Wellbeing Agencies in the High Street: The Rebirth of Primary Health Care?
Identifiers and Pagination:Year: 2016
First Page: 31
Last Page: 37
Publisher ID: TOPHJ-9-31
Article History:Received Date: 18/05/2016
Revision Received Date: 9/07/2016
Acceptance Date: 11/07/2016
Electronic publication date: 22/08/2016
Collection year: 2016
open-access license: This is an open access article licensed under the terms of the Creative Commons Attribution-Non-Commercial 4.0 International Public License (CC BY-NC 4.0) (https://creativecommons.org/licenses/by-nc/4.0/legalcode), which permits unrestricted, non-commercial use, distribution and reproduction in any medium, provided the work is properly cited.
The rapid increase in frontline service outlets offering Wellbeing services offers new opportunities to promote public health. However, driven by both economic and social policies closely linked to the needs for both new business development and cultural integration, the expansion in organisational practices also carries it with some risks to public health. In more market oriented health systems these include possible negative consequences for both the longitudinal care provided through general medical practices and the application of evidence based medicine.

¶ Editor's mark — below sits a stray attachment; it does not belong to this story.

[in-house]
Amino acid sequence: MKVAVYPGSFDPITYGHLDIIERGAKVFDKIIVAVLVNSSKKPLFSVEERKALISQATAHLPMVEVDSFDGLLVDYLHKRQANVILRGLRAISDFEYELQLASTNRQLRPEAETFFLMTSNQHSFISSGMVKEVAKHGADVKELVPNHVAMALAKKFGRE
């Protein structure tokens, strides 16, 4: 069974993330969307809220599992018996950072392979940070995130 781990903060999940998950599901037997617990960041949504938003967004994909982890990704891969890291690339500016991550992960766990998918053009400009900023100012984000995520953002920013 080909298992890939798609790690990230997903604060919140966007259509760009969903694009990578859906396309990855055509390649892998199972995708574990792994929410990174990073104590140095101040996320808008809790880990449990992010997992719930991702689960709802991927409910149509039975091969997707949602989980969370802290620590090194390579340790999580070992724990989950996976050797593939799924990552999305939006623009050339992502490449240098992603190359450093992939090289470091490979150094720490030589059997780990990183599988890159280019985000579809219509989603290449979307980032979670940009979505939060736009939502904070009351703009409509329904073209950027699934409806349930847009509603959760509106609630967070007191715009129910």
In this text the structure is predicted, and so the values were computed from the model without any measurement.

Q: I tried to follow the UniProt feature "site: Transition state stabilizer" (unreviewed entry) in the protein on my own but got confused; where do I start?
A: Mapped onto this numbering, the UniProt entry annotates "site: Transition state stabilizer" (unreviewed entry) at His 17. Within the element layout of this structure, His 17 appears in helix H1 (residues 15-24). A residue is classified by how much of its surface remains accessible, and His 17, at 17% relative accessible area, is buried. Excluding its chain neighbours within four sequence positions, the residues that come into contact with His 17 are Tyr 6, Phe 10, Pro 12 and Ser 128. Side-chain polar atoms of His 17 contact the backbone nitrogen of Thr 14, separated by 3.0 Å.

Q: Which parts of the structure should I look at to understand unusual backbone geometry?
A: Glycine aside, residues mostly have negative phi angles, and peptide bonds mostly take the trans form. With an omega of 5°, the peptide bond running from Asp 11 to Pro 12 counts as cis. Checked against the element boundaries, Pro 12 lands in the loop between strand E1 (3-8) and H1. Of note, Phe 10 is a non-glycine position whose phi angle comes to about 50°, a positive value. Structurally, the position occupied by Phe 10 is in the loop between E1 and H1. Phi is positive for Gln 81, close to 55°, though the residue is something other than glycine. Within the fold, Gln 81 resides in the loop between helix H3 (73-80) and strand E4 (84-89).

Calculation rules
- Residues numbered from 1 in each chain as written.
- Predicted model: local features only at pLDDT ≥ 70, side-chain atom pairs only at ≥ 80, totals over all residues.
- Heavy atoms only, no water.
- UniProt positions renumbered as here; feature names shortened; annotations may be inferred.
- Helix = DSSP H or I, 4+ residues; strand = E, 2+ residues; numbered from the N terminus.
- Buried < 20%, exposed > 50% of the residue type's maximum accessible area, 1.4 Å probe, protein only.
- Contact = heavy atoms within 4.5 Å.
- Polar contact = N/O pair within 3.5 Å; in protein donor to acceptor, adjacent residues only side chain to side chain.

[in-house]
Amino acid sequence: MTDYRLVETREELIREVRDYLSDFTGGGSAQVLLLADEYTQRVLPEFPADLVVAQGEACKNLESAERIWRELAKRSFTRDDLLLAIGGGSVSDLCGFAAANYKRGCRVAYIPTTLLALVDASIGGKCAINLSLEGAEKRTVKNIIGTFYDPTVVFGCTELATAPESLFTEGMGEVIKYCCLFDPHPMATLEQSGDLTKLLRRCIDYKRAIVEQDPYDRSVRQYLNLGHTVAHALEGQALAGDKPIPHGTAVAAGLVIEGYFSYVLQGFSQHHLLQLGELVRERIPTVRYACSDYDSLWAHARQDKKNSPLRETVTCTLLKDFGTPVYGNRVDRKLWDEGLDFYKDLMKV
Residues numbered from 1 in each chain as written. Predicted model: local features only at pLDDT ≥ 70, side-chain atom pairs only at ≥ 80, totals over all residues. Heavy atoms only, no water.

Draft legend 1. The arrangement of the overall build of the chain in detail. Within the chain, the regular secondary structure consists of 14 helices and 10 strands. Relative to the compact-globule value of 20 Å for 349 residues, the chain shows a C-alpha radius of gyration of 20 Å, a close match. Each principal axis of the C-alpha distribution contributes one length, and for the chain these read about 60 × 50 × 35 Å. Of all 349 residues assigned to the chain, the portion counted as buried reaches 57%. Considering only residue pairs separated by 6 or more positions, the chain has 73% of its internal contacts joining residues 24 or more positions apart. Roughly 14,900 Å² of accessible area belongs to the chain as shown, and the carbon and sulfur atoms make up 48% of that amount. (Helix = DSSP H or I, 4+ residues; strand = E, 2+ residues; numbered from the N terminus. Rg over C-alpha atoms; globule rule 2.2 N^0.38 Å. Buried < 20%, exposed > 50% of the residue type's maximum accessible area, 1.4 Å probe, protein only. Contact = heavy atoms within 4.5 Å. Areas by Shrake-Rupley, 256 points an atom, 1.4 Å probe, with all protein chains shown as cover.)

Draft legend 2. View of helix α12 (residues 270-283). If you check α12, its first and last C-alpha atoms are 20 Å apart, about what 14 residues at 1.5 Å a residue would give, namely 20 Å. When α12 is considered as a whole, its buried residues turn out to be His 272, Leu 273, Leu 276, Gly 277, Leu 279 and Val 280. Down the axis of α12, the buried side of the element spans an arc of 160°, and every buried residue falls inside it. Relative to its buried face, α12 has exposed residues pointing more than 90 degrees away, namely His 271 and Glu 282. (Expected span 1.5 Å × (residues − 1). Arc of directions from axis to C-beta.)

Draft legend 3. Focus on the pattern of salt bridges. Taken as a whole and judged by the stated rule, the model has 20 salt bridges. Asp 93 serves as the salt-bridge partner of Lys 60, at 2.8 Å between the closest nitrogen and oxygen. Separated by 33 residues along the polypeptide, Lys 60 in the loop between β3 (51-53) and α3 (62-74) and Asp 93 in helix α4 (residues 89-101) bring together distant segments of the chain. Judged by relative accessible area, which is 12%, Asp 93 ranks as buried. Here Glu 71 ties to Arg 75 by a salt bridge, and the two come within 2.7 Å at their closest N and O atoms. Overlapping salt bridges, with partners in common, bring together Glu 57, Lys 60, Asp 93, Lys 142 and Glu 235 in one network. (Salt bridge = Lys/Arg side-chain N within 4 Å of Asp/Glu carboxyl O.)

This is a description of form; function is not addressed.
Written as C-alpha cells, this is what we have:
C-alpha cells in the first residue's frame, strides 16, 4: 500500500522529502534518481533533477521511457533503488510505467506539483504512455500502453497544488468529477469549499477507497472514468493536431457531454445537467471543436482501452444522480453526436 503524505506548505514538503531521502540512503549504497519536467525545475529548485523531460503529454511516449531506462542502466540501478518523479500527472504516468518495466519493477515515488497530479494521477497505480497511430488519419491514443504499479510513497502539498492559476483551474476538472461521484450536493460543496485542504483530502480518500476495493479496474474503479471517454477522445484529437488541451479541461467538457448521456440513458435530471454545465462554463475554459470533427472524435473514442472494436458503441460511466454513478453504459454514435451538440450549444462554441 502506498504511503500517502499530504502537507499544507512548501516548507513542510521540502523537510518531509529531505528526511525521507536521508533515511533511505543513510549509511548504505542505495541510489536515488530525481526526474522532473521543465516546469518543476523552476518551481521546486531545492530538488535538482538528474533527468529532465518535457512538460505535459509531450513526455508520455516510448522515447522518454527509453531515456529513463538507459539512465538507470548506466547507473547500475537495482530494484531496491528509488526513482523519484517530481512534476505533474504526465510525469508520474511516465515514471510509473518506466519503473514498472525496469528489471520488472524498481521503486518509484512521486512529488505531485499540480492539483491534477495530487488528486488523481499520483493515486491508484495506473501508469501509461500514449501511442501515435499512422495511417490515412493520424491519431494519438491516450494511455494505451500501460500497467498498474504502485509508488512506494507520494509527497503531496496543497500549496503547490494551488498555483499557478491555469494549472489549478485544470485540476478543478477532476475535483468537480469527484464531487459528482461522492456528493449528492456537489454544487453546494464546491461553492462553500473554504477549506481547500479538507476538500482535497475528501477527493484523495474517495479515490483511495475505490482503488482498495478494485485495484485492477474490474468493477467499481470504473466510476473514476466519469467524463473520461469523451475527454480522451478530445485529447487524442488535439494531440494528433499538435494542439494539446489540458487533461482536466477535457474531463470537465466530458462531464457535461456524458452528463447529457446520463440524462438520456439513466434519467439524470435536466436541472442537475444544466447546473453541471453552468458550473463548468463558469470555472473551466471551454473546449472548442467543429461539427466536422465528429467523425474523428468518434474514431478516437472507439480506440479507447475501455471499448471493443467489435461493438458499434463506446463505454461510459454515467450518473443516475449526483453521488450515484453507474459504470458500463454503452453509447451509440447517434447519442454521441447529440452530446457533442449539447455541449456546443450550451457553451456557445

In this context the scoping review draws on indicative findings from fieldwork in two international exemplar sites in the UK and Australia, where the concept of Wellbeing is being embedded, to identify priorities for future health policy and management research. The analysis is framed by the WHO’s enduring core principles for Primary Health Care, with the data capture employing an ethnographic approach that includes key informant interviews in Melbourne over a six months period in 2015/16. The findings include an unexpected emphasis on the need for knowledge in respect of the communities of interest and practice forming around novel therapies and interventions that assert public health values.